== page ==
The Invention of Love
The Tale of the Allergist's Wife

BEST MUSICAL:
THE PRODUCERS
The Full Monty
A Class Act
Jane Eyre

BEST PERFORMANCE BY A LEADING ACTOR IN A MUSICAL :
NATHAN LANE, The Producers
Matthew Broderick, The Producers
Tom Hewitt, The Rocky Horror Show
Patrick Wilson, The Full Monty
Kevin Chamberlin, Seussical

BEST PERFORMANCE BY A LEADING ACTOR IN A PLAY:
RICHARD EASTON, The Invention of Love
Brian Stokes Mitchell, King Hedley II
Gary Sinise, One Flew Over the Cuckoo's Nest
Sean Campion, Stones in His Pockets
Conleth Hill, Stones in His Pockets

BEST PERFORMANCE BY A LEADING ACTRESS IN A MUSICAL:
CHRISTINE EBERSOLE, 42nd Street
Randy Graff, A Class Act
Faith Prince, Bells Are Ringing
Blythe Danner, Follies
Marla Schaffel, Jane Eyre

BEST PERFORMANCE BY A LEADING ACTRESS IN A PLAY :
MARY-LOUISE PARKER, Proof
Linda Lavin, The Tale of the Allergist's Wife
Juliette Binoche, Betrayal
Jean Smart, The Man Who Came to Dinner
Leslie Uggams, King Hedley II

BEST REVIVAL OF A PLAY:
ONE FLEW OVER THE CUCKOO'S NEST
The Search for Signs of Intelligent Life in the Universe
Betrayal
The Best Man

BEST PERFORMANCE BY A FEATURED ACTRESS IN A PLAY:
VIOLA DAVIS, Kind Hedley II
Michele Lee, The Tale of the Allergist's Wife
Johanna Day, Proof
Penny Fuller, The Dinner Party
Marthe Keller, Judgment at Nuremberg

BEST PERFORMANCE BY A FEATURED ACTOR IN A PLAY :
ROBERT SEAN LEONARD, The Invention of Love
Charles Brown, King Hedley II
Larry Bryggman, Proof
Michael Hayden, Judgment at Nuremberg
Ben Shenkman, Proof

BEST PERFORMANCE BY A FEATURED ACTRESS IN A MUSICAL:
CADY HUFFMAN, The Producers
Polly Bergen, Follies
Kate Levering, 42nd Street
Mary Testa, 42nd Street
Kathleen Freeman, The Full Monty

BEST PERFORMANCE BY A FEATURED ACTOR IN A MUSICAL :
GARY BEACH, The Producers
Roger Bart, The Producers
Andre DeShields, The Full Monty
John Ellison Conlee, The Full Monty
Brad Oscar, The Producers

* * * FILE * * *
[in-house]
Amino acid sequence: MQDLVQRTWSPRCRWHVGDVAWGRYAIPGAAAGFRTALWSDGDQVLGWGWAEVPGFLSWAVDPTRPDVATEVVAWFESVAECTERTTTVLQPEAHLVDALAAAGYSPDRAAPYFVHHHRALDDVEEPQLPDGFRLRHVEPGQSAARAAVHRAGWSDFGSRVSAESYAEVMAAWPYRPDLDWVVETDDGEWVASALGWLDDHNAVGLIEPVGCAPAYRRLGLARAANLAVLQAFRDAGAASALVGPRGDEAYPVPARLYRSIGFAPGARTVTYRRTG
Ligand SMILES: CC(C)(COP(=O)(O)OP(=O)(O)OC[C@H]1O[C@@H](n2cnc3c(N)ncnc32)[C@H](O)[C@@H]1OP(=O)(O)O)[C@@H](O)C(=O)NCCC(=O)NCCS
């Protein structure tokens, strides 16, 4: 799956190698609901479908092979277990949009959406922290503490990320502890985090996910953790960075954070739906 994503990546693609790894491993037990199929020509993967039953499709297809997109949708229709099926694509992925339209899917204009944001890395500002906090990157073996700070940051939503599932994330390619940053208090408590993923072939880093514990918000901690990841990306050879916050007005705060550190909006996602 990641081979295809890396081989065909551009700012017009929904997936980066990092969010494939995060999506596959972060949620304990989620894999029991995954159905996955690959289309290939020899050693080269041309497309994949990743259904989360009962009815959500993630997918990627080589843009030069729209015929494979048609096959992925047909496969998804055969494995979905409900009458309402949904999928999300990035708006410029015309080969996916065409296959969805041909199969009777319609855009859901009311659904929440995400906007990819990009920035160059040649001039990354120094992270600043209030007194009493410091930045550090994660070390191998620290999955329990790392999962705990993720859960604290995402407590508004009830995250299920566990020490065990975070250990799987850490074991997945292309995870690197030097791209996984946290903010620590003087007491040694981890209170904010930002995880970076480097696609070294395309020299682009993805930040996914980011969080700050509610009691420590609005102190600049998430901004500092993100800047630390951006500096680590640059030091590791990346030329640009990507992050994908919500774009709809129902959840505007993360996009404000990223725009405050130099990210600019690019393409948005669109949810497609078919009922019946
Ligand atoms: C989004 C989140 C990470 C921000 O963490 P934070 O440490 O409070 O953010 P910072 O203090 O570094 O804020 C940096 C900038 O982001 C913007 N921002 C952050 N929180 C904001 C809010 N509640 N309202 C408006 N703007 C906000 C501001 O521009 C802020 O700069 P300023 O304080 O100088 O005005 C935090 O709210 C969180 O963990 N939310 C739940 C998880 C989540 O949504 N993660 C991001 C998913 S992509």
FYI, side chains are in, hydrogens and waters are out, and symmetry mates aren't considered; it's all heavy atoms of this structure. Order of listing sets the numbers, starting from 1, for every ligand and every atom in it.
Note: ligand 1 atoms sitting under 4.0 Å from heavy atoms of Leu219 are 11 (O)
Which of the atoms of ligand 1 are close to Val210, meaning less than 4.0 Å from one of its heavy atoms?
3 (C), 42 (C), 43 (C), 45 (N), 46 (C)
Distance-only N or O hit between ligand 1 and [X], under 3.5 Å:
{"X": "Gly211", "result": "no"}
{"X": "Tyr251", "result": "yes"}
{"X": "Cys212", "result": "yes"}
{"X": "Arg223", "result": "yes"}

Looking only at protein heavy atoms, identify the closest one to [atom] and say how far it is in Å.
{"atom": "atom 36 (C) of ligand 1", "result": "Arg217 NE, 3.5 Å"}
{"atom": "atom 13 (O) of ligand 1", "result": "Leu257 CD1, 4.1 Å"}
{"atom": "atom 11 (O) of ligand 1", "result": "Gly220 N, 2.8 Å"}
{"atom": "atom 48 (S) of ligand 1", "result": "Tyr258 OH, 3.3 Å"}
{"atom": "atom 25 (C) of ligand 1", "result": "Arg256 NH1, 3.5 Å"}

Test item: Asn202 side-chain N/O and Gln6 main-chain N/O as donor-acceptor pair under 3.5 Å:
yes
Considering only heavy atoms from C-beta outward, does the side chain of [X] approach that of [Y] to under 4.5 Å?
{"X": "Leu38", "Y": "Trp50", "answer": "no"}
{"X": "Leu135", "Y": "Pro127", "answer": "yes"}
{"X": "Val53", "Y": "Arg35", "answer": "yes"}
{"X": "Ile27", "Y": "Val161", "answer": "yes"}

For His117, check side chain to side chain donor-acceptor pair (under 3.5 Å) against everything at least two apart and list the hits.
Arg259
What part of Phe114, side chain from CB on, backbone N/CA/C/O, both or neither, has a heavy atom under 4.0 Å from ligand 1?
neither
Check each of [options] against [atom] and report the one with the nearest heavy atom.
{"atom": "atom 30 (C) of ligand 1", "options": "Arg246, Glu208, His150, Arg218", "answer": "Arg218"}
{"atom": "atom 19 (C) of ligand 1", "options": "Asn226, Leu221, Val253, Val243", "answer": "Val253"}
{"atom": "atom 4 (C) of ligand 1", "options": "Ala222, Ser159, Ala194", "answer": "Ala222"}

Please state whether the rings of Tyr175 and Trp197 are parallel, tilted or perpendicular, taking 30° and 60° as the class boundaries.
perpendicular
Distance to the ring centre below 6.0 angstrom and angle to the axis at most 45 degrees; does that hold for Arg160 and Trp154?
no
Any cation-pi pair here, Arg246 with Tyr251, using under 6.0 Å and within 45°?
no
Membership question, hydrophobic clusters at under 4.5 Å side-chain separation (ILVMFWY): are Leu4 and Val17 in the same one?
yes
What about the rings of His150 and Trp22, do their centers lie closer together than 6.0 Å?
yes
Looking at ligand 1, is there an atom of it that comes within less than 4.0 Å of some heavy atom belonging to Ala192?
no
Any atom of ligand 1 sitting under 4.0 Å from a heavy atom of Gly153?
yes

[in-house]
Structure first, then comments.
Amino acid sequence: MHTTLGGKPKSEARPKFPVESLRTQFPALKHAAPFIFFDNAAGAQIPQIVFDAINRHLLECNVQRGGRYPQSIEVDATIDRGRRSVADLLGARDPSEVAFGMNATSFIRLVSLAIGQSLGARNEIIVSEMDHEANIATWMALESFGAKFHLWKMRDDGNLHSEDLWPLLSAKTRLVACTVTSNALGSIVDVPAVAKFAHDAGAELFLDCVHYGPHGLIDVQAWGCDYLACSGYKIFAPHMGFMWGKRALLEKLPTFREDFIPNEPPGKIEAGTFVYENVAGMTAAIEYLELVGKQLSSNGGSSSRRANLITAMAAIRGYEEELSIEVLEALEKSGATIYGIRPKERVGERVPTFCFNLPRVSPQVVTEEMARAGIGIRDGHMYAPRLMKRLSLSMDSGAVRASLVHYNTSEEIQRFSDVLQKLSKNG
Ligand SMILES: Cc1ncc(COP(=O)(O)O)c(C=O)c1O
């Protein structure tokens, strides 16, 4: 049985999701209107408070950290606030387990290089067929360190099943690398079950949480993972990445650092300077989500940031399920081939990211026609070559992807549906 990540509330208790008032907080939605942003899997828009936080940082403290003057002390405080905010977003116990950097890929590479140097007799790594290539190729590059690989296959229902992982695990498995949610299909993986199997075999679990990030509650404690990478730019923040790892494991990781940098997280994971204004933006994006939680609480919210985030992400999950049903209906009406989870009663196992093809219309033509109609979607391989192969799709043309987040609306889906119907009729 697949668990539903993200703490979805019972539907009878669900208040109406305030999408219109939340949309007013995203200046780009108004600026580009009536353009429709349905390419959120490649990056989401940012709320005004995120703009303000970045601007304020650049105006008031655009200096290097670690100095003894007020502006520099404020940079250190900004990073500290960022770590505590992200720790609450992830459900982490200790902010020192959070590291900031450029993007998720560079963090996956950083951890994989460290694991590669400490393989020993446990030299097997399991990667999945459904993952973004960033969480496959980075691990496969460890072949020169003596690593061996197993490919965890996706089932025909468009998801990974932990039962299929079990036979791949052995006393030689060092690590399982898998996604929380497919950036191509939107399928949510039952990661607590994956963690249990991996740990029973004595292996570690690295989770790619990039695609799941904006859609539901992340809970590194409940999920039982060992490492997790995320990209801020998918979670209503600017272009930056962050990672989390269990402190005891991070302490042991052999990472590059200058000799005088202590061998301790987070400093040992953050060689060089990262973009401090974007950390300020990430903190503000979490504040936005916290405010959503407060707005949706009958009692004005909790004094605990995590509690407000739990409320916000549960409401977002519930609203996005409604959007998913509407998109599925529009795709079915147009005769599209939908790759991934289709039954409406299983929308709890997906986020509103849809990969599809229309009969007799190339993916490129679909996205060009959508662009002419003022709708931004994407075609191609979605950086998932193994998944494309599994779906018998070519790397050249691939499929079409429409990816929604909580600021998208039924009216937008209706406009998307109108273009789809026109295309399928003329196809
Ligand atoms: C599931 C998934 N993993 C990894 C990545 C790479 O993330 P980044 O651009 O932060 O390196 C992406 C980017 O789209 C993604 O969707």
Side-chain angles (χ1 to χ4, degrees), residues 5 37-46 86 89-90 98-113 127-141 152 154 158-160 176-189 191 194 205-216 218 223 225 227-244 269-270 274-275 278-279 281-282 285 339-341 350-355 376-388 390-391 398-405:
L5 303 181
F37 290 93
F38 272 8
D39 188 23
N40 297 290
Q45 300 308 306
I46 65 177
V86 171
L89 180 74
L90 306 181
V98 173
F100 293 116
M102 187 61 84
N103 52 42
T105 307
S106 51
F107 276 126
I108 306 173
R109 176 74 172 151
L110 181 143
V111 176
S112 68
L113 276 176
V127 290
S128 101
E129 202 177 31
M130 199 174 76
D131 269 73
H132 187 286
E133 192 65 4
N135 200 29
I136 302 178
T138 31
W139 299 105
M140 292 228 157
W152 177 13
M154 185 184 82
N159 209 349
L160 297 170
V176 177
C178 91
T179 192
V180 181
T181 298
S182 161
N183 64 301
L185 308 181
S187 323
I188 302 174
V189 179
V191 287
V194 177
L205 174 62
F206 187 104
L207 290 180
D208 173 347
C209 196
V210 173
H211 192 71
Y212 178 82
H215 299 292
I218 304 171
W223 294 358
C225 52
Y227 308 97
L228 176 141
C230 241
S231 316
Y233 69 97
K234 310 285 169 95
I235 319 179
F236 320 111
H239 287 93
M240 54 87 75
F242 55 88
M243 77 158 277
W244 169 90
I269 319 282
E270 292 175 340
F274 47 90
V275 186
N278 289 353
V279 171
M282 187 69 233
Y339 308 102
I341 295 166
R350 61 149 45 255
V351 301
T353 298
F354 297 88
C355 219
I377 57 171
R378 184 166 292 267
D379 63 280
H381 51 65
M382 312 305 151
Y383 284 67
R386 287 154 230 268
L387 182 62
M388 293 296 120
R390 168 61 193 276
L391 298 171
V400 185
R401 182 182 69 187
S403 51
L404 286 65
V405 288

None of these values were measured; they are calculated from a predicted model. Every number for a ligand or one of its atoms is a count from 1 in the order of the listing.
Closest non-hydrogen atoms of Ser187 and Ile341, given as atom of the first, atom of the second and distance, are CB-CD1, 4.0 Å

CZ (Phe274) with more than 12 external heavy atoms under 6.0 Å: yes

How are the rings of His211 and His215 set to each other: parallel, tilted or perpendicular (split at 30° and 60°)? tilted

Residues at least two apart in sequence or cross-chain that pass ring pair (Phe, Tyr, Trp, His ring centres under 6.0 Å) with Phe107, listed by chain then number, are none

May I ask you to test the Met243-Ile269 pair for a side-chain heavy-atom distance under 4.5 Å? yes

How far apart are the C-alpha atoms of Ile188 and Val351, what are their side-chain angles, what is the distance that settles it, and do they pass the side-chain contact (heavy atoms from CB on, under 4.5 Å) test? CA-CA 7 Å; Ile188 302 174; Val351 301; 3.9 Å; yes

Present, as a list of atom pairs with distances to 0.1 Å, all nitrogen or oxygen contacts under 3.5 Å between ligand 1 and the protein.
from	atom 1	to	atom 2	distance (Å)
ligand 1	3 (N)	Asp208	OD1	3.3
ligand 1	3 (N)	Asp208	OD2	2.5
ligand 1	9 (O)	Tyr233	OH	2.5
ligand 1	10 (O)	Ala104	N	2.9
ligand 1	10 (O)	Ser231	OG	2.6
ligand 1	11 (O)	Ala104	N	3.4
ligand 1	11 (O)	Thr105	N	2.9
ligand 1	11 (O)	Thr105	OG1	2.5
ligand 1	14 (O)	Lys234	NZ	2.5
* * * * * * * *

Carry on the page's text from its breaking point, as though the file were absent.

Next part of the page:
BEST REVIVAL OF A MUSICAL:
42ND STREET
Follies
Bells Are Ringing
The Rocky Horror Show

BEST DIRECTION OF A PLAY :
DANIEL SULLIVAN, Proof
Jack O'Brien, The Invention of Love
Marion McClinton, King Hedley II
Ian McElhinney, Stones in His Pockets

BEST DIRECTION OF A MUSICAL :
SUSAN STROMAN, The Producers
Jack O'Brien, The Full Monty
Christopher Ashley, The Rocky Horror Show
Mark Bramble, 42nd Street

BEST COSTUME DESIGN :
WILIAM IVEY LONG, The Producers
Theoni V. Aldredge, Follies
Roger Kirk, 42nd Street
David C. Woolard, The Rocky Horror Show

BEST LIGHTING DESIGN :
PETER KACZOROWSKI, The Producers
Jules Fisher and Peggy Eisenhauer, Jane Eyre
Paul Gallo, 42nd Street
Kenneth Posner, The Adventures of Tom Sawyer

BEST SCENIC DESIGN :
ROBIN WAGNER, The Producers
Bob Crowley, The Invention of Love
Heidi Ettinger, The Adventures of Tom Sawyer
Douglas W. Schmidt, 42nd Street

BEST ORCHESTRATIONS:
DOUG BESTERMAN, The Producers
Larry Hochman, A Class Act
Jonathan Tunick, Follies
Harold Wheeler, The Full Monty

BEST CHOREOGRAPHY:
SUSAN STROMAN, The Producers
Jerry Mitchell, The Full Monty
Jim Moore, George Pinney and John Vanderkloff, Blast!
Randy Skinner, 42nd Street

BEST BOOK OF A MUSICAL:
MEL BROOKS & THOMAS MEEHAN, The Producers
Terrence McNally, The Full Monty
John Caird, Jane Eyre
Lonny Price and Linda Kline, A Class Act

BEST ORIGINAL SCORE:
MEL BROOKS, The Producers
Ed Kleban, A Class Act
David Yazbek, The Full Monty
Paul Gordon and John Caird, Jane Eyre

SPECIAL THEATRICAL EVENT
BLAST!

REGIONAL THEATRE
VICTORY GARDENS THEATRE (Chicago, IL)

SPECIAL TONYS
Lifetime Achievement: PAUL GEMIGNANI
Excellence in Theatre: BETTY CORWIN and the Theatre on Film and Tape Archive at the New York Public Library; NEW DRAMATISTS, and "THEATRE WORLD."